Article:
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February 10, 2005

20050208: Econ 113 Lecture: Slavery 1

The Slave Trade: Guns Slaves Sugar/molasses/tobacco/cotton Very profitable Extraordinarily inhumane Adam Smith expected slavery to come to a rapid end after 1776; Adam Smith was wrong. Why slavery should come to an end: Inefficient--slave has no incentive An incentive-compatible system produces a larger economic pie And people can decide on a system better for everyone--a system that's still unequal, but not as brutal and vicious What maintains slavery? Extreme cheapness of slaves--makes vicious discipline credible Extreme control--slaves cannot run away Extreme monitoring--easy to see if slaves are working hard Caesar; classical Roman slavery; Arabic slavery; mamelukes The American South Quick...

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20050203 Econ 113 Lecture: Industrializing America Before the Civil War

Megasthenes: the coming of cotton to the Mediterranean... Format of the first midterm exam... David Ricardo: Why didn't the U.S. become one big unindustralized Canada? Answer: the tariff Could the tariff have been good for the country? Answer--yes, if the infant industry argument holds. What is the infant industry argument? There has to be some benefit--external to the firm and to the worker--from production. Future productivity has to be positively influenced by past production in order to make it beneficial in the long run to upset the Ricardian pattern of comparative advantage. The infant industry argument is plausible, but not...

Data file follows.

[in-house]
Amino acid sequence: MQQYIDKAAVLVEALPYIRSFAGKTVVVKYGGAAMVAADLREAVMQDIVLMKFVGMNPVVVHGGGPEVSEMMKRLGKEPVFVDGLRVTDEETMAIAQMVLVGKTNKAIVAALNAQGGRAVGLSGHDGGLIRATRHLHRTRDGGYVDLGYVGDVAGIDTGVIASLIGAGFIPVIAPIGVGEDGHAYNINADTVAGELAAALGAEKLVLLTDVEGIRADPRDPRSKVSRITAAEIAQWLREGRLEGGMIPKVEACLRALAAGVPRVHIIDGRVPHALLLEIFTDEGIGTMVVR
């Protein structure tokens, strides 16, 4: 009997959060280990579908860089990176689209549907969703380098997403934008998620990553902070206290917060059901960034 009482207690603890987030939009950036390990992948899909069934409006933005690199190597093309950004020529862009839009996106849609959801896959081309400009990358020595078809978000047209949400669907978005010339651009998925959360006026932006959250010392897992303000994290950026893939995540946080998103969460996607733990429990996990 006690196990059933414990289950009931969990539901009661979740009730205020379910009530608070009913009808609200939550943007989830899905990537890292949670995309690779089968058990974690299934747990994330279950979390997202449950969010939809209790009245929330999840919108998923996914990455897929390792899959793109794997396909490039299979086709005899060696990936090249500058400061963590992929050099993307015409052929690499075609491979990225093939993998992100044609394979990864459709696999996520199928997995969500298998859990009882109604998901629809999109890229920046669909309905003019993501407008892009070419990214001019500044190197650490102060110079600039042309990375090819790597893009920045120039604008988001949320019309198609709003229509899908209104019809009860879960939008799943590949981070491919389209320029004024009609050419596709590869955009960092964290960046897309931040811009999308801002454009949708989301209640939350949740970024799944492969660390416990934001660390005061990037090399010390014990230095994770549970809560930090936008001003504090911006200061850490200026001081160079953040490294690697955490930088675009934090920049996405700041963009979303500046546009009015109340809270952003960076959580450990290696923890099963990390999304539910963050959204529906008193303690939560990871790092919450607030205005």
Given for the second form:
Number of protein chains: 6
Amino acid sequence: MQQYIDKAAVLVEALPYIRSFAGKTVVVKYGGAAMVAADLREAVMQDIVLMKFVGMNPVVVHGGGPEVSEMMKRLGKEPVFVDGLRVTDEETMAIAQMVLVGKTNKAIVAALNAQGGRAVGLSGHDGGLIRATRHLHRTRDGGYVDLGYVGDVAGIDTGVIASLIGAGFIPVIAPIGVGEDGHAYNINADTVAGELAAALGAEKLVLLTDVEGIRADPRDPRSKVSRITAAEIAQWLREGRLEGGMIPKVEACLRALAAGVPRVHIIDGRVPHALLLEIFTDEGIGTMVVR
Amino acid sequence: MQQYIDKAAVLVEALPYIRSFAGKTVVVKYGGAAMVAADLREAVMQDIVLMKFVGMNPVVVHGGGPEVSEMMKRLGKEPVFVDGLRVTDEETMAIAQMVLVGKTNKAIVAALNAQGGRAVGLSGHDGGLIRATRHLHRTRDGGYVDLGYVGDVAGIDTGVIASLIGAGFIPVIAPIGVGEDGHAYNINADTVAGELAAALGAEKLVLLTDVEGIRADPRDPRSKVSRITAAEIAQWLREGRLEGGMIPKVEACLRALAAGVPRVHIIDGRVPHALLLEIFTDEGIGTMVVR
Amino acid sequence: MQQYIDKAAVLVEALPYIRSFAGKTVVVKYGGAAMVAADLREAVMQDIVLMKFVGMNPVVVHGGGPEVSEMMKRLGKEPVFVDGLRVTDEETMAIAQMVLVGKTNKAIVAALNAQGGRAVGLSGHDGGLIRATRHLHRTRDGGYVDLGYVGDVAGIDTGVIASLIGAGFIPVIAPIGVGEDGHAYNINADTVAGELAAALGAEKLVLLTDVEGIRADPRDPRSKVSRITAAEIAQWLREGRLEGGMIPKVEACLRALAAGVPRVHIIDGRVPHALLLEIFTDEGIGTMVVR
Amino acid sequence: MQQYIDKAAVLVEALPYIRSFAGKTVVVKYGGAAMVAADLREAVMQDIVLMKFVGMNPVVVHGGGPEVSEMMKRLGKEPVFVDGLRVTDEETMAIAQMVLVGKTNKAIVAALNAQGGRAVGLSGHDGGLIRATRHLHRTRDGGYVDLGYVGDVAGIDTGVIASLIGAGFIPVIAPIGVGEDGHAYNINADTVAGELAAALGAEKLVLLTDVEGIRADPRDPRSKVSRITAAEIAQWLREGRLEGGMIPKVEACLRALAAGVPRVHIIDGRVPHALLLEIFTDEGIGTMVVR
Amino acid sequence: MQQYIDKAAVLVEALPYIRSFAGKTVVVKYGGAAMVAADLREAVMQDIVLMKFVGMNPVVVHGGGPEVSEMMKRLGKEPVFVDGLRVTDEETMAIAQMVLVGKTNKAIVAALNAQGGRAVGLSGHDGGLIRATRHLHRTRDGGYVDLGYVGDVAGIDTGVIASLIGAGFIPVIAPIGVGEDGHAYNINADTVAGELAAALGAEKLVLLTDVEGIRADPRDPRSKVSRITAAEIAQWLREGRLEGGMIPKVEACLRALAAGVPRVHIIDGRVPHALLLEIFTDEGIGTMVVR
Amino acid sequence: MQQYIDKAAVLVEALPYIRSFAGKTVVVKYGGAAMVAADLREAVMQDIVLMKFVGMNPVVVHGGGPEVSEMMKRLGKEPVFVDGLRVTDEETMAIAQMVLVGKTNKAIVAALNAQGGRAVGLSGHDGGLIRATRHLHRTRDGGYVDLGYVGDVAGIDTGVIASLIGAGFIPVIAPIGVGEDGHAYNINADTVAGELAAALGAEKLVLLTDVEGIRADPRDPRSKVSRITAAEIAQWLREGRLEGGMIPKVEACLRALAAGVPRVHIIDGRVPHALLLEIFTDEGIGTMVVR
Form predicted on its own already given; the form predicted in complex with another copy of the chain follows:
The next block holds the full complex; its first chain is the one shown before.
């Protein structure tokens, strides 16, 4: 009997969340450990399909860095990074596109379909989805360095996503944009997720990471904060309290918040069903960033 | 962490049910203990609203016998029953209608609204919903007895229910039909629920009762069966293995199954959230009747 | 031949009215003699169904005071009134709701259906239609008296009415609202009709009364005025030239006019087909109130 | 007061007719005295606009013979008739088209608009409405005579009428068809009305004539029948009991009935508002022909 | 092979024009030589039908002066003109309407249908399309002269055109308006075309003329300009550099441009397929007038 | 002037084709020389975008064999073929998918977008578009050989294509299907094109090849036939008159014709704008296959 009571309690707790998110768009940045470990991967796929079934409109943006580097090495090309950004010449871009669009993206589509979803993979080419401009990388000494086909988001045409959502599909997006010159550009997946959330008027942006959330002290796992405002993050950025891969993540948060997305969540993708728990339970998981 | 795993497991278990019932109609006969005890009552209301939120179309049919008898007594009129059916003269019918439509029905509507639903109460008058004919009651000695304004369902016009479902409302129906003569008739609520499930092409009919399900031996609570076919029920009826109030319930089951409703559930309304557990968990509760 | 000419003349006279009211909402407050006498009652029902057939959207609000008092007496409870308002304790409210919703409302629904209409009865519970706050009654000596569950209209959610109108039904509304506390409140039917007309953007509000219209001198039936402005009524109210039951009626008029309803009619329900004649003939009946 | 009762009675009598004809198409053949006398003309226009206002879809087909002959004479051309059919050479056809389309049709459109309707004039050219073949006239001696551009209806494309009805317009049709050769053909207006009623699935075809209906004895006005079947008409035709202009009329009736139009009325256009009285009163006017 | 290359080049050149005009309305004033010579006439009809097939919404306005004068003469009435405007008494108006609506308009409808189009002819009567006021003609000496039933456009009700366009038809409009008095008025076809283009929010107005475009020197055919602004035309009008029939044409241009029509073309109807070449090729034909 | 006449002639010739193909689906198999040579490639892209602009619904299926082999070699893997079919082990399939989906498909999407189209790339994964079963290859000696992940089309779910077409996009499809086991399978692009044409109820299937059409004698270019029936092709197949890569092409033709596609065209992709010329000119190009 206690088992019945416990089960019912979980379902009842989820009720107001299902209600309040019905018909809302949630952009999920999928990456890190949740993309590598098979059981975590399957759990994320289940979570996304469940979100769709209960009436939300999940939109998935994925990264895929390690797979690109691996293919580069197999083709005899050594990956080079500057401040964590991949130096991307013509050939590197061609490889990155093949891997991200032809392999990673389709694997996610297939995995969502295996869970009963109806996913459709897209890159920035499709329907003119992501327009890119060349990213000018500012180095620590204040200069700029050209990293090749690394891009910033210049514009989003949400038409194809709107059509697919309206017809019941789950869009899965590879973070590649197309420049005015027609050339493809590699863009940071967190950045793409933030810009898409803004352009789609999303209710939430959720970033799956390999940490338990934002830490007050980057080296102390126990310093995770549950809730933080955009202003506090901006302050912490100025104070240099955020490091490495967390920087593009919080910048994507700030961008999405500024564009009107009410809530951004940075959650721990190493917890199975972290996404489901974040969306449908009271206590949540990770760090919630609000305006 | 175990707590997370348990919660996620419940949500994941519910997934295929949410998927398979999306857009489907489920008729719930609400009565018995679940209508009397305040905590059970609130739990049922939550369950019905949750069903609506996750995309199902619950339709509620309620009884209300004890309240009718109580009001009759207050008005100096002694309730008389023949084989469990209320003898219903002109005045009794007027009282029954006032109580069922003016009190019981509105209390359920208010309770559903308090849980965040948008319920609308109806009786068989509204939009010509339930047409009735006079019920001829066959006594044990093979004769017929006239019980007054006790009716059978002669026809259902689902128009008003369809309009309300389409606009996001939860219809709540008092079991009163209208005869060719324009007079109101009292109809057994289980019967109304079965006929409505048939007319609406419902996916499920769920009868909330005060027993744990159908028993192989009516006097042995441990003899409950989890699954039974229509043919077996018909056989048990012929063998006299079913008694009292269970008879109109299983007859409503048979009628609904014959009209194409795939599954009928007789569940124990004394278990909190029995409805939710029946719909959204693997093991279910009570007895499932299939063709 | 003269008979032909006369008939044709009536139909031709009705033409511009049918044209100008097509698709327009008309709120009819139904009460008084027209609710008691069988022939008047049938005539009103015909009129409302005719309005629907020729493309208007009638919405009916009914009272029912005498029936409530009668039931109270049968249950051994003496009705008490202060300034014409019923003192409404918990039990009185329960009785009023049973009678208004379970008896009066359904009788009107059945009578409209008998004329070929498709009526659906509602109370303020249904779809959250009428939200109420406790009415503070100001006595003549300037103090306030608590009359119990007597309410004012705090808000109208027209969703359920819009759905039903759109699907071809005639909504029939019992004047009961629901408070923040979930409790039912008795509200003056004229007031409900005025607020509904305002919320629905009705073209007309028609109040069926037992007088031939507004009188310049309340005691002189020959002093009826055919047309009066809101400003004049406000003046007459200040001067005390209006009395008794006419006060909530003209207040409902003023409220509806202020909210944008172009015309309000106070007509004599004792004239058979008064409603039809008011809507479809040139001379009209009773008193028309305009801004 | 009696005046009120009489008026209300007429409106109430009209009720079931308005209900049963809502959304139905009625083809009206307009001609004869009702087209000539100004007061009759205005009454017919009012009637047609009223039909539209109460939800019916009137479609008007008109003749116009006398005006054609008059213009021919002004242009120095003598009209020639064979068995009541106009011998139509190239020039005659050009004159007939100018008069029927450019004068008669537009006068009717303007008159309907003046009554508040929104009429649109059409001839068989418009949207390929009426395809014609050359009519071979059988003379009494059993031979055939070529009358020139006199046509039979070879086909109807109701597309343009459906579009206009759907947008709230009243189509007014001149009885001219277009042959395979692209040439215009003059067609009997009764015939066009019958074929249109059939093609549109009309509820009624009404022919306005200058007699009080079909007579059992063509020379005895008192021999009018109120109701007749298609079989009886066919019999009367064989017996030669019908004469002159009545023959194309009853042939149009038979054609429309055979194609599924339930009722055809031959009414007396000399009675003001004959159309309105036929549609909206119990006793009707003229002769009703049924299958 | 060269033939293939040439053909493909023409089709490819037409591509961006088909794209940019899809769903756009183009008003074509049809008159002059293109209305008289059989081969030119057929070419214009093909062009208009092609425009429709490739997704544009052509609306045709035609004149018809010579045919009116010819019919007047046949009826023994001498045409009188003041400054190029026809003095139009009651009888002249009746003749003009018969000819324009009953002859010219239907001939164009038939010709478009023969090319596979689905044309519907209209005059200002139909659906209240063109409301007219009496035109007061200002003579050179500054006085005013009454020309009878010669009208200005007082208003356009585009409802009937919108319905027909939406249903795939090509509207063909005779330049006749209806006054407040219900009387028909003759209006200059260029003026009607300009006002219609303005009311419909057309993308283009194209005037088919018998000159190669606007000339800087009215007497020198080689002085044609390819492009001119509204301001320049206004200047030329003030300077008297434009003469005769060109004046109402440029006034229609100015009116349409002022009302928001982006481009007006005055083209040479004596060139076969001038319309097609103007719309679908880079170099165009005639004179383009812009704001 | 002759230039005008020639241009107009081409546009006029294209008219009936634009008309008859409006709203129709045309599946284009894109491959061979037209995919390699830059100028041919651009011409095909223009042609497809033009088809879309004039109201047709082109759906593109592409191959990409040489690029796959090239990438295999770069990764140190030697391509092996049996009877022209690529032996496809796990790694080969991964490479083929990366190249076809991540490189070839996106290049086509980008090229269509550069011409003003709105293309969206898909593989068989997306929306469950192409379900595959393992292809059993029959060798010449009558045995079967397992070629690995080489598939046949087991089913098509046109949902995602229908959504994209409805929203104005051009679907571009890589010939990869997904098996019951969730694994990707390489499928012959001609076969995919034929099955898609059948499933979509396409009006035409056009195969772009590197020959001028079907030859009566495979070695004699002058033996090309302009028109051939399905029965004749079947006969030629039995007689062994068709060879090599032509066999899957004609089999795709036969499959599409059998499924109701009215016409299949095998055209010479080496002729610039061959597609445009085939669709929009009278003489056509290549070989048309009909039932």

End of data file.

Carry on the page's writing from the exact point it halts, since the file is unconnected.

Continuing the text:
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February 03, 2005

20050201 Econ 113 Lecture: The Pre Civil War United States--Growth of an Agrarian Civilization